TORONTO, June 22 /CNW/ - While the current economic downturn is a concern
for most small business owners, the majority are taking it in stride. A recent
study conducted by Scotiabank gauging the current mindset of Canadian small
business owners found that the economy captured about the same amount of
attention (12 per cent) as other core elements of operating a small business,
including keeping/finding customers (15 per cent), expense management (11 per
cent) and labour/staffing issues (10 per cent).
Three-quarters (72 per cent) of small business owners reported moderate
to no concern at all about the long term impact the economy will have on their
companies. However, of the almost one third (28 per cent) who indicated great
concern, apprehension is highest among small business owners in Ontario (31
per cent) and Atlantic Region (30 per cent), followed by BC and the Prairies,
both at 27 per cent.
"Not surprisingly, small business owners are concerned about how current
economic conditions may affect the long range success of their businesses.
However it is encouraging that most of this concern is more temperate in
nature. Successful small business owners are accustomed to making adjustments
to address challenges and capitalize on opportunities," said Kyle McNamara,
Managing Director and Head of Small Business at Scotiabank. "Another positive
sign is that the majority of business owners surveyed see light at the end of
the tunnel, with more than half (52 per cent) anticipating economic recovery
within the next six months to sometime next year, while another 11 per cent
believe it's already started."
According to the study, small business owners cited cash flow (25 per
cent) and sales revenue (23 per cent) as being hardest hit by the economic
downturn, followed by new customer acquisition (19 per cent) and competition
(19 per cent).
In an effort to manage current conditions, about one third (33 per cent)
of business owners have modified their business plans, focusing on expense
management (40 per cent) and adjusting employee hours/downsizing (19 per
cent). Thirty-five per cent of those surveyed said they don't have a plan.
"In uncertain economic times, staying focused on solid fundamentals and
being flexible are keys to managing the challenges faced by small business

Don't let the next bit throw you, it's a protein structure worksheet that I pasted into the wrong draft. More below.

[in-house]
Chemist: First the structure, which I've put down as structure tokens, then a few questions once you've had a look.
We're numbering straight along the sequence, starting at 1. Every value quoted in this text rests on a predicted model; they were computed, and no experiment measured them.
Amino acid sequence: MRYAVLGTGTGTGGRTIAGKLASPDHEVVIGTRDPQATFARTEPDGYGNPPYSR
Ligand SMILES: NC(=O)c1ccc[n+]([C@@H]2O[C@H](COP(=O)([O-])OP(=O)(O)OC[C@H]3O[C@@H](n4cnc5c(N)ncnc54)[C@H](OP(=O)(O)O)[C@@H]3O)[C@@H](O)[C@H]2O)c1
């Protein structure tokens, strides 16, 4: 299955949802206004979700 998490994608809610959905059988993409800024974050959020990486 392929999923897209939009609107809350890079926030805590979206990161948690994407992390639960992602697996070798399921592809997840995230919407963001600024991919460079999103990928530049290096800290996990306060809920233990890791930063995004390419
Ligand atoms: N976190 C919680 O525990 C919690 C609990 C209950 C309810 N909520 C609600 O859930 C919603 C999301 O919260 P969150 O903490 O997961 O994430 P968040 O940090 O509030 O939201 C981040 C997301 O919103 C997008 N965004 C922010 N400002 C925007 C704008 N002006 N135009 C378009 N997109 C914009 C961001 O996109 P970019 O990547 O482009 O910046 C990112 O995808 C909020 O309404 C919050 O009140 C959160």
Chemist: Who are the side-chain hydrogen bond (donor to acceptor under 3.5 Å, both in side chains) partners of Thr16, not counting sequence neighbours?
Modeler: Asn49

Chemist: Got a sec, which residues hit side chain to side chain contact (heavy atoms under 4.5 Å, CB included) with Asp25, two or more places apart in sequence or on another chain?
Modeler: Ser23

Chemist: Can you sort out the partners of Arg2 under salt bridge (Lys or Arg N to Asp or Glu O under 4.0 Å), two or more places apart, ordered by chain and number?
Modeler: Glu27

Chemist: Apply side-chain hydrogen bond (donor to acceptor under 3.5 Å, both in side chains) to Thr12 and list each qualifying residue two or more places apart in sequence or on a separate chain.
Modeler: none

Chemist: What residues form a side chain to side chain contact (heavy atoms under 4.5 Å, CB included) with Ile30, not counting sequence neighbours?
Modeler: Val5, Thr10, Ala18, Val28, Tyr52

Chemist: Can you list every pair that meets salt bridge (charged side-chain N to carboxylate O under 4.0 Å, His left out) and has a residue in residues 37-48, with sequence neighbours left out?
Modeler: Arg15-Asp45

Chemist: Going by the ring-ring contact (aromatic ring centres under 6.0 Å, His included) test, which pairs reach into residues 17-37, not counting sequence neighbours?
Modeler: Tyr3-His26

owners. It starts with having a sound business plan, which is really a
benchmarking tool to track whether your company is meeting your expectations
and goals," advised David Wilton, Director, Small Business at Scotiabank.
"It's important to review your plan at least once a year, and more often if
necessary in response to significant changes in your personal life, your
business or in the marketplace or economy. During a cross-country tour last
summer to meet with small business owners, this strategy was validated by
successful entrepreneurs from coast to coast. "
Kyle McNamara and David Wilton have co-authored the new resource book,
Get Growing: Keys to Unlocking the Potential of Your Small Business, and are
currently traveling across the country to offer tried-and-true practical
advice to help small business owners grow their businesses. The book also
features best-practices from a number of entrepreneurs they met during their
five-month cross-country tour last summer.
The Scotiabank Small Business Mindset Study was conducted using a
representative sample of Canadian small businesses obtained from InfoCanada
lists. Interviews were completed between May 25th and June 5th, 2009. All data
are weighted by region and annual revenue to correspond with the distribution
of InfoCanada's profile of Canadian small businesses. Results can be
considered to accurately reflect the opinions of Canadian small business
owners to within +/- four per cent, 19 times out of 20.
Scotiabank is one of North America's premier financial institutions and
Canada's most international bank. With close to 69,000 employees, Scotiabank
Group and its affiliates serve approximately 12.8 million customers in some 50
countries around the world. Scotiabank offers a diverse range of products and
services including personal, commercial, corporate and investment banking.
With more than $513 billion in assets (as at April 30, 2009), Scotiabank
trades on the Toronto (BNS) and New York Exchanges (BNS). For more information
please visit www.scotiabank.com.
For further information:
For further information: Patty Stathokostas, Scotiabank Public Affairs -
Toronto, (416) 866-3625, email@example.com; Deborah Spence,
Scotiabank Public Affairs - Prairies, (403) 601-4855,
firstname.lastname@example.org; Michelle Cobb, Scotiabank Public Affairs - BC,
(778) 327-5451, email@example.com